Examples "I think a lot of times it's just a culture. And a lot of these people [doctors] might be knowledgeable, but they're not knowledgeable of the people they're dealing with. So they're generally mechanical. They know how to do this, they know how to do that, but they don't know how to deal with you. They don't know. ” "I was talking to her [the doctor] about the symptoms I was having. And she asked me when was the last time I had anal sex? And I told her, like, whenever it was. And she's like, 'Well, you know, the anus really isn't made for that. "' "I just feel more comfortable talking to a man. I'm a man. I feel more comfortable talking to a man about my parts and all that, because he has the same parts. ”
Examples Make me feel that it's a positive enough process that I will work towards doing my part in it. Because if I've been turned off, then I don't wanna hear anything, and I will probably act in a manner that's not in my own self-interest, because I've just been turned off by the whole experience. Whereas if I feel that someone else cares, that's the kind of encouragement for me to really invest in myself better. ” "There are times-rather than have a foreign doctor or healthcare provider-I will walk out and do without. “ "With the heterosexual male patients that my doctors have, I hear them talking about girlfriends and what not. We don't have that relationship. He don't talk about what I do, or what my dates are. Its always come in, breathe out, and out the door. "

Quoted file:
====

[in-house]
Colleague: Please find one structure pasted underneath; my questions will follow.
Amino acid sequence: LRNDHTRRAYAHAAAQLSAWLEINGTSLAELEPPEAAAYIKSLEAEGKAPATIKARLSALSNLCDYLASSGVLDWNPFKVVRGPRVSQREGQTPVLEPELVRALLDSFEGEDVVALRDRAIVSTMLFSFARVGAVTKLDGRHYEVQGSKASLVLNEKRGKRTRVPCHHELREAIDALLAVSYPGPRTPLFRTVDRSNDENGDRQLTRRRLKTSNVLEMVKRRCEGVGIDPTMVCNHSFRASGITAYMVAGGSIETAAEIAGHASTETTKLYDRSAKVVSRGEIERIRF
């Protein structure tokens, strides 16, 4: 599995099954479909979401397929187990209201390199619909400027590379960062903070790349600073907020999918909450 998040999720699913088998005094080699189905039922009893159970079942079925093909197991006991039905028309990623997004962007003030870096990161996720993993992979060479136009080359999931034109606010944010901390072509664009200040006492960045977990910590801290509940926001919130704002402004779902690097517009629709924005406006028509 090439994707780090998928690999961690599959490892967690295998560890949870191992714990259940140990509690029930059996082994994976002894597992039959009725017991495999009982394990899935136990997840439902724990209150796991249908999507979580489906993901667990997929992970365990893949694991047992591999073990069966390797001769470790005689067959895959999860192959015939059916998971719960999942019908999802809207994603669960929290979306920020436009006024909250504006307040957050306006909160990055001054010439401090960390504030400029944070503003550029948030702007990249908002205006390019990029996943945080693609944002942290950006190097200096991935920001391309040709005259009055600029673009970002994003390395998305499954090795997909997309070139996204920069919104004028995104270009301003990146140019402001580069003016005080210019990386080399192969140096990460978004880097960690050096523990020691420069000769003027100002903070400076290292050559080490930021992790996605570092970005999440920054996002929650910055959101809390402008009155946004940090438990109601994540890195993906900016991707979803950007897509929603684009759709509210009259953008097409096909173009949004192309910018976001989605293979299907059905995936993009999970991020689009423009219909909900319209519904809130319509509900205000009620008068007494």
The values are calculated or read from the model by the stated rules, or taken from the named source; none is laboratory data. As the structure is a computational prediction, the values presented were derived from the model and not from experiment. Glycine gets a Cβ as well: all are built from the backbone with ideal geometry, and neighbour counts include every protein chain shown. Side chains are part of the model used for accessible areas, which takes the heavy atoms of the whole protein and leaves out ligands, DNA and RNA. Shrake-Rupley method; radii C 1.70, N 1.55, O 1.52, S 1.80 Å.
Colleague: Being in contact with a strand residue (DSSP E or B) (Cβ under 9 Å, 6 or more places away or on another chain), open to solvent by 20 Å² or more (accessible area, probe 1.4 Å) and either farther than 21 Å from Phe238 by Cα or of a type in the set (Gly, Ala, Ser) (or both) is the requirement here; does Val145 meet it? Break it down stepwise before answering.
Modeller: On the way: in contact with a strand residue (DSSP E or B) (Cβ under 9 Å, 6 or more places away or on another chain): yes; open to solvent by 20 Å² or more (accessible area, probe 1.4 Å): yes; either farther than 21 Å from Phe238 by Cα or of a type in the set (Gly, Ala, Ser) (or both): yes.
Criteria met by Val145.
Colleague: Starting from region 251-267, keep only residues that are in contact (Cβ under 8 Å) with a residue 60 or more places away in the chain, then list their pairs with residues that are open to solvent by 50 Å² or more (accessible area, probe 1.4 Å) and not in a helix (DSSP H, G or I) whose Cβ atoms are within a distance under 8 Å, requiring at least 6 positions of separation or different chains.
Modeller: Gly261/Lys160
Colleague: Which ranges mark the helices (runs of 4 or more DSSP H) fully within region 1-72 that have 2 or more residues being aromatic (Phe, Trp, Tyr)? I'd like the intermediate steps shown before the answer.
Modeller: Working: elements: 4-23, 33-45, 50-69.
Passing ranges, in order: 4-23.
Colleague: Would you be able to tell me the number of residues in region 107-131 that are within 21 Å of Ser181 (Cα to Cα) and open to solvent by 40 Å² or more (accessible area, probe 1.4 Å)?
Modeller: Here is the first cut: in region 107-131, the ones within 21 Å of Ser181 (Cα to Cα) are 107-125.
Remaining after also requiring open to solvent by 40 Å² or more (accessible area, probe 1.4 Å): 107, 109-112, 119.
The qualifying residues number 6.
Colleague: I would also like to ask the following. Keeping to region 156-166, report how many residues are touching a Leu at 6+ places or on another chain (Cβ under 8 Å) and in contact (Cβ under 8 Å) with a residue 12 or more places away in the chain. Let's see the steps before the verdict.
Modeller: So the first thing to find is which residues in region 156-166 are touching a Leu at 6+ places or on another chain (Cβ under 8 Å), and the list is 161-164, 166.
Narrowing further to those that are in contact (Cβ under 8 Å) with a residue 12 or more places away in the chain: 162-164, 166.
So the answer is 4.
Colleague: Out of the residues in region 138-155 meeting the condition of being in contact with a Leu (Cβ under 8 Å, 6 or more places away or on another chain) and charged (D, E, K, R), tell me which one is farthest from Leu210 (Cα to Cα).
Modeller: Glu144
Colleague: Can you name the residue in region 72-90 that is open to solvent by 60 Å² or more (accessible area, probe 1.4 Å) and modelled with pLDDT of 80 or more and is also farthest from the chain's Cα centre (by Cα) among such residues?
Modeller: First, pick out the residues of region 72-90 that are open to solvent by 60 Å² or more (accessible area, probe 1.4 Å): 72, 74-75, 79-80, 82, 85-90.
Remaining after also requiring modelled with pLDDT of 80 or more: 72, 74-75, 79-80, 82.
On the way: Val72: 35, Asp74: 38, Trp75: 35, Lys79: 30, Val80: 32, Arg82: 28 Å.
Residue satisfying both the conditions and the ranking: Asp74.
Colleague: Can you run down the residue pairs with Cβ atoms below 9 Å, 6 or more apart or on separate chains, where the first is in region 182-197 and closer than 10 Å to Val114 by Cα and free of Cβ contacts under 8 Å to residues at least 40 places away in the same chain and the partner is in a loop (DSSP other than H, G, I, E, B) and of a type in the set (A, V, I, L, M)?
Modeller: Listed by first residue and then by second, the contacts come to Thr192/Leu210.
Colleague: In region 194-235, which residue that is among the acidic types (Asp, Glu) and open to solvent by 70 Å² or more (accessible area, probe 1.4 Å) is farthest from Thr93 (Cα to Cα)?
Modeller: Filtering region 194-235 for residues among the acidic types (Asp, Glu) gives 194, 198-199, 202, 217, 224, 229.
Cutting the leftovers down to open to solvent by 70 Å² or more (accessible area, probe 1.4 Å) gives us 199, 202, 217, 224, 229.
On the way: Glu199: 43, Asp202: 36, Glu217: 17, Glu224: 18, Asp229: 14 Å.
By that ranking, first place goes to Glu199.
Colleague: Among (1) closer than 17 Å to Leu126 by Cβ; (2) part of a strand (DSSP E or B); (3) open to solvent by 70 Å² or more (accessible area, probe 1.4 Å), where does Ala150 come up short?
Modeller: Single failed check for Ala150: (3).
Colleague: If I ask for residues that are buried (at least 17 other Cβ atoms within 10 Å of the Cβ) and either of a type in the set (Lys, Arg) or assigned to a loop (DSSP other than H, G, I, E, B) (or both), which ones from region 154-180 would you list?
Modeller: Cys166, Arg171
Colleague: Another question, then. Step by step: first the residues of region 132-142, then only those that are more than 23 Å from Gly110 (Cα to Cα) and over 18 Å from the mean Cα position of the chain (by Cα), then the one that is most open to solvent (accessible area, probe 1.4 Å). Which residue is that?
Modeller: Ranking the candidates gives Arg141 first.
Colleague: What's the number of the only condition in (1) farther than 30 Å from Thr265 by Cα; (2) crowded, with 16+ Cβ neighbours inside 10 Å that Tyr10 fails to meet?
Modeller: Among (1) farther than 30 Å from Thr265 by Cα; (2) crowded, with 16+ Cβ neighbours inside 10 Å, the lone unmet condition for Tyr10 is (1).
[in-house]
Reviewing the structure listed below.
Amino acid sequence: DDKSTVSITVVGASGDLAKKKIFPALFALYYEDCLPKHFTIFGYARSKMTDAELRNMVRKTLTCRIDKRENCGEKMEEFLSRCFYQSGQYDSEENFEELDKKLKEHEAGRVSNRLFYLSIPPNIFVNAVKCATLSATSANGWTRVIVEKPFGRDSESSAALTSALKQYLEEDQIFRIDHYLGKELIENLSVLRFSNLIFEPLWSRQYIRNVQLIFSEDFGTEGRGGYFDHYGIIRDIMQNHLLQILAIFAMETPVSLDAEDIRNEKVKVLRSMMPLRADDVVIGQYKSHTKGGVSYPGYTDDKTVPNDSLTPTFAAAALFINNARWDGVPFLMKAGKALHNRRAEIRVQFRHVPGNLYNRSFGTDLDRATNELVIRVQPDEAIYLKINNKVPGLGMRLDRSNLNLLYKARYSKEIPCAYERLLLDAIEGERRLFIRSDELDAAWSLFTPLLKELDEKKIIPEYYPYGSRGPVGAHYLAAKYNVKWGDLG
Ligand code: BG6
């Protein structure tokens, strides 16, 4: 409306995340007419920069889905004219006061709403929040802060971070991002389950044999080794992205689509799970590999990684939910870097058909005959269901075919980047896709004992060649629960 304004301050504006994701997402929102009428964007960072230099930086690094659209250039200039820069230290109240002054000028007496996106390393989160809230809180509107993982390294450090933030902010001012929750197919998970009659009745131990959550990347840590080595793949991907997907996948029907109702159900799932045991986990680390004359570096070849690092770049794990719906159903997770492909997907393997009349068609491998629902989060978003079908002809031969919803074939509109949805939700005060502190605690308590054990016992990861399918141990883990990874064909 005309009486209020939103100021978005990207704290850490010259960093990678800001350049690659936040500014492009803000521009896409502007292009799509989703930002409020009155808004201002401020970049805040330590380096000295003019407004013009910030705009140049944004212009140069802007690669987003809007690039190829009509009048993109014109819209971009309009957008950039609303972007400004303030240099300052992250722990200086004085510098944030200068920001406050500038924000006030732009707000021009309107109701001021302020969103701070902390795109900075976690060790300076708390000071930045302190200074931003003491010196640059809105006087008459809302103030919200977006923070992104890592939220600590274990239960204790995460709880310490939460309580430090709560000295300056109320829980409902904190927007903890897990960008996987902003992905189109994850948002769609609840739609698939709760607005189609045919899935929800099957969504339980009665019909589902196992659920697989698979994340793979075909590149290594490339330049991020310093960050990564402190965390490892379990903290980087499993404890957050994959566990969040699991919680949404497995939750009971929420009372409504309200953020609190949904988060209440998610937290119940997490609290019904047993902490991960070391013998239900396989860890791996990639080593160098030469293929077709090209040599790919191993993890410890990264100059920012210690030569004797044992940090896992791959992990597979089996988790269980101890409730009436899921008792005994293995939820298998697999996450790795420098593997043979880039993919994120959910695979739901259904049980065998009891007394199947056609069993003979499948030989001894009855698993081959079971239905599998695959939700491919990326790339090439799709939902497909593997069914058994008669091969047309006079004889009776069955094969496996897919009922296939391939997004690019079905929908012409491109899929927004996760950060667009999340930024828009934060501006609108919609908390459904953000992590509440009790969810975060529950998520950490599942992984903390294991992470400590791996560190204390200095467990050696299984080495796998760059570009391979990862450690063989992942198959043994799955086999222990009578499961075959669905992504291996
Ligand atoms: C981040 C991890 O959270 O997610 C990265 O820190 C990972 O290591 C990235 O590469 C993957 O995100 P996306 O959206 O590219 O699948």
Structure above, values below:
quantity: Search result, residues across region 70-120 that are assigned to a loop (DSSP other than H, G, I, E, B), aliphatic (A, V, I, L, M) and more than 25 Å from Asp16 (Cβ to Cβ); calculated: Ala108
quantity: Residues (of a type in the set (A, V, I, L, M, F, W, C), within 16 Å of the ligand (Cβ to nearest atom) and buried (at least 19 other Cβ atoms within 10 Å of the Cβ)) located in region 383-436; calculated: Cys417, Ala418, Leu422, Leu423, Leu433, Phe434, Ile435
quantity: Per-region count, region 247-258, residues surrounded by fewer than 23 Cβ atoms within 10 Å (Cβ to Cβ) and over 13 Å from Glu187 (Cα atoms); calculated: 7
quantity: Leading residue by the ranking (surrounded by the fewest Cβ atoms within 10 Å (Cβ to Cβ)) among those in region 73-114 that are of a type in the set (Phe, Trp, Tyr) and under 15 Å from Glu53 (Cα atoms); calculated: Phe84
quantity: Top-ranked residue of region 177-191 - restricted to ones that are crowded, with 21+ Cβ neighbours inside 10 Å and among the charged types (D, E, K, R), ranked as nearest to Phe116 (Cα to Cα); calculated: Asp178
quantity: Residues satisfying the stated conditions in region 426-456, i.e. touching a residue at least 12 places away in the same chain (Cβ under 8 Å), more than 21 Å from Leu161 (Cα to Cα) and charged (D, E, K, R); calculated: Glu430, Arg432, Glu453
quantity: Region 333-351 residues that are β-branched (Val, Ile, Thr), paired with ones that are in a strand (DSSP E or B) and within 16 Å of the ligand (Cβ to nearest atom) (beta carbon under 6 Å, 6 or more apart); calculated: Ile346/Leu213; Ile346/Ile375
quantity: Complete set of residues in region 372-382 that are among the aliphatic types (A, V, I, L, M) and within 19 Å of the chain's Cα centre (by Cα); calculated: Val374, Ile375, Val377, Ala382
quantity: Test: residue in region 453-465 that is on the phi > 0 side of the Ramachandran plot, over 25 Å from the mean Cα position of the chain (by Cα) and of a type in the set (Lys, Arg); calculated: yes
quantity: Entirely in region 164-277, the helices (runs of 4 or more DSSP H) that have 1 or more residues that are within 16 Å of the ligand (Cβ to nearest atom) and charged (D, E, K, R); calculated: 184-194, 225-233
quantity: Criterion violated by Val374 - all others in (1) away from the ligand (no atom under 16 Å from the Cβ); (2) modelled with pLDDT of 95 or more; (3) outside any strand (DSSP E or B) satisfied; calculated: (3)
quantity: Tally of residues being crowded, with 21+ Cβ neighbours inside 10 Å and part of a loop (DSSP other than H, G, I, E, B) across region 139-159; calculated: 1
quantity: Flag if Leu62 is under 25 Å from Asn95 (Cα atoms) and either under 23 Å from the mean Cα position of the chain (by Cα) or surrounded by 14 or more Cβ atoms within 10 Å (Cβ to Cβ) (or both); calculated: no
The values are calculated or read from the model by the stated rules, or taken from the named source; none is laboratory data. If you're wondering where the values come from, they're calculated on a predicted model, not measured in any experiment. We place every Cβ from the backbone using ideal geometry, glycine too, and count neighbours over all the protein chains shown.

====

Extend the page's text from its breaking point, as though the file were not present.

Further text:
Current Strategies to Address Communication Barriers
Interpersonal Communication Strategy (IPC) The patient discloses enough information about the illness to lead to an accurate diagnosis; The provider, in consultation with the client, selects a medically appropriate treatment acceptable to the client; The client understands her condition and the prescribed treatment regimen; The provider and the client establish a positive rapport; and The client and the provider are both committed to fulfilling their responsibilities during treatment and follow-up care